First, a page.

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Top 21 Quotes About Conflict In Relationships

Quotes About Conflict In Relationships

This post contains some of the best quotes about conflict in relationships.

Quotes About Conflict In Relationships

1. “If the career woman meets a man who wants to build a family soon, they will surely have conflicting needs. The man can say the woman is not mature enough for him. And the woman can say the same thing about him, too. But the truth is, their maturities are at different places.” – John Ward

2. “Relationships are not only about the good times and the fun we have with other people: sometimes they can be ridden with conflict because we are different individuals.” – John Ward

Related: How To Validate Someone’s Feelings Without Agreeing? (+Examples of Validating Statements)

3. “The source of the conflict will reveal other issues you probably thought didn’t matter but contributes to the overall issues. The cause of the problem will also help you avoid such situations in the future, so you must take this first step.” – John Ward

4. “There is no need for you to lose your kindness if you are unable to convince others of your ideals. This just means that there is no possible way for you and this other person to accommodate each of your own set of standards in this circumstance.” – John Ward

5. “Unfortunately, if you do not consider the other person’s side, there is a good chance that your resolution is incomplete and another conflict will arise eventually.” – John Ward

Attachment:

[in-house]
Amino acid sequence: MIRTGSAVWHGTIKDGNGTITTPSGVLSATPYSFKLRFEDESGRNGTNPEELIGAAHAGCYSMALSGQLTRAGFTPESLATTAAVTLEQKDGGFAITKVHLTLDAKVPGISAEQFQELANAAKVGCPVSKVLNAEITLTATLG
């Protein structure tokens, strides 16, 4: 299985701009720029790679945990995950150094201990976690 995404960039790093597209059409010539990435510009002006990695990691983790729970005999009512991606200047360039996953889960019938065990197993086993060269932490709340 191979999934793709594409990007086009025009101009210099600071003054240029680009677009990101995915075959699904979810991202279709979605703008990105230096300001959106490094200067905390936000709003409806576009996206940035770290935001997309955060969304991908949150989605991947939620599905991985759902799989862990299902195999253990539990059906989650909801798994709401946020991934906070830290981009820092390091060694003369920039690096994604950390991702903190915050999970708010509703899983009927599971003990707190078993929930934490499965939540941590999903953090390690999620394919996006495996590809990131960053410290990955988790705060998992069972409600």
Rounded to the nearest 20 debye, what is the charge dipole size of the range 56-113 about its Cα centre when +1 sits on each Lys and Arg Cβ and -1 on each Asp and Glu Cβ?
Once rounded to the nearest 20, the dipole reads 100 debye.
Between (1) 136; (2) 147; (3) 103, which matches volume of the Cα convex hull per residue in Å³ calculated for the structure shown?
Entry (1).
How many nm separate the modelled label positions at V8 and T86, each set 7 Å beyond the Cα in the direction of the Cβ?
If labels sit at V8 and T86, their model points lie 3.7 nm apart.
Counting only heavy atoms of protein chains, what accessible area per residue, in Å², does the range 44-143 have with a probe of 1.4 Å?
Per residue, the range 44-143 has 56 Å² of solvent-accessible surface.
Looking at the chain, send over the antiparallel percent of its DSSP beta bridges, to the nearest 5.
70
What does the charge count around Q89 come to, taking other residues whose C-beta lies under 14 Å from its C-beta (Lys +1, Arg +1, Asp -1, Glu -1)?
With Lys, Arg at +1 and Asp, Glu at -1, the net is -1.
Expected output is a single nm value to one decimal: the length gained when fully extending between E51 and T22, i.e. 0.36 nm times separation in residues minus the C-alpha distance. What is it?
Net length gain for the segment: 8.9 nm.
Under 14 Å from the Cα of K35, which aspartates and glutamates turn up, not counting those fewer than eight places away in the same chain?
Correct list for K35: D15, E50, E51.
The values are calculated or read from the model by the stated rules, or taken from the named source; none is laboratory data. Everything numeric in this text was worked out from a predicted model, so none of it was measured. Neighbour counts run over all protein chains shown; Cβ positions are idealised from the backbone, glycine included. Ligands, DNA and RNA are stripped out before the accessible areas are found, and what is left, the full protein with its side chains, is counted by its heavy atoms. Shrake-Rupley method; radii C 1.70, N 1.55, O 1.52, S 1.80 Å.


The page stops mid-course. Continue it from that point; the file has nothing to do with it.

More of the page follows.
6. “What we must win at is being able to resolve our conflicts with others. That we are able to meet the needs of one another through effective and respectful discussions.” – John Ward

7. “When conflict is confronted in an unhealthy manner, this will lead to disappointment and uncertainty. It can cause resentments, irreparable relationships, and distance.” – John Ward

Related: Top 25 Relationship Journal Prompts (+FREE Worksheets PDF)

8. “When conflicts arise, a person’s need to feel safe, valued, and respected and his need for closeness and intimacy are perceived to be threatened. If such concerns are not addressed, it can result in arguments, distance, and breakups in personal relationships.” – John Ward

9. “When in conflict, we suffer from auditory exclusion and ocular inclusion. This is neuroscience’s fancy way of saying we stop hearing and stop seeing. Even if the other side shouts louder, threatens more aggressively, bribes, or withdraws, the conflict doesn’t resolve. It may get buried for a while, but it remains active.” – Hesha Abrams

10. “When you are compassionate, you accompany that person throughout his difficulties by responding based on the emotions and thoughts that are brought about by his situation. In conflict resolution, this means that you recognize that this person’s needs are also on the line and his participation is based on an effort to try and balance his needs with yours.” – John Ward

11. “When you’re in conflict with others, hear what they say and then sit with it in silence. If they pester you or demand an answer, reply, “I’m thinking about what you said.” Then allow the silence to sit there for a moment. It takes the wind out of their sails.” – Hesha Abrams

12. “With excellent social skills, you can also resolve conflict, actively participate in discussions with other people, and remain aware of what’s happening with everyone around you. ” – John Ward

13. “People in conflicts don’t have just the pain of the conflict but also pain in their marriages, pain with parents or children, pain about being alone, pain about being unfulfilled, or pain about their future. Everyone is dealing with something.” – Hesha Abrams

14. “If your childhood household was in constant turmoil with adults fighting, shouting, and using harsh words and actions, then you may hate conflict, but it will feel familiar to you.” – Hesha Abrams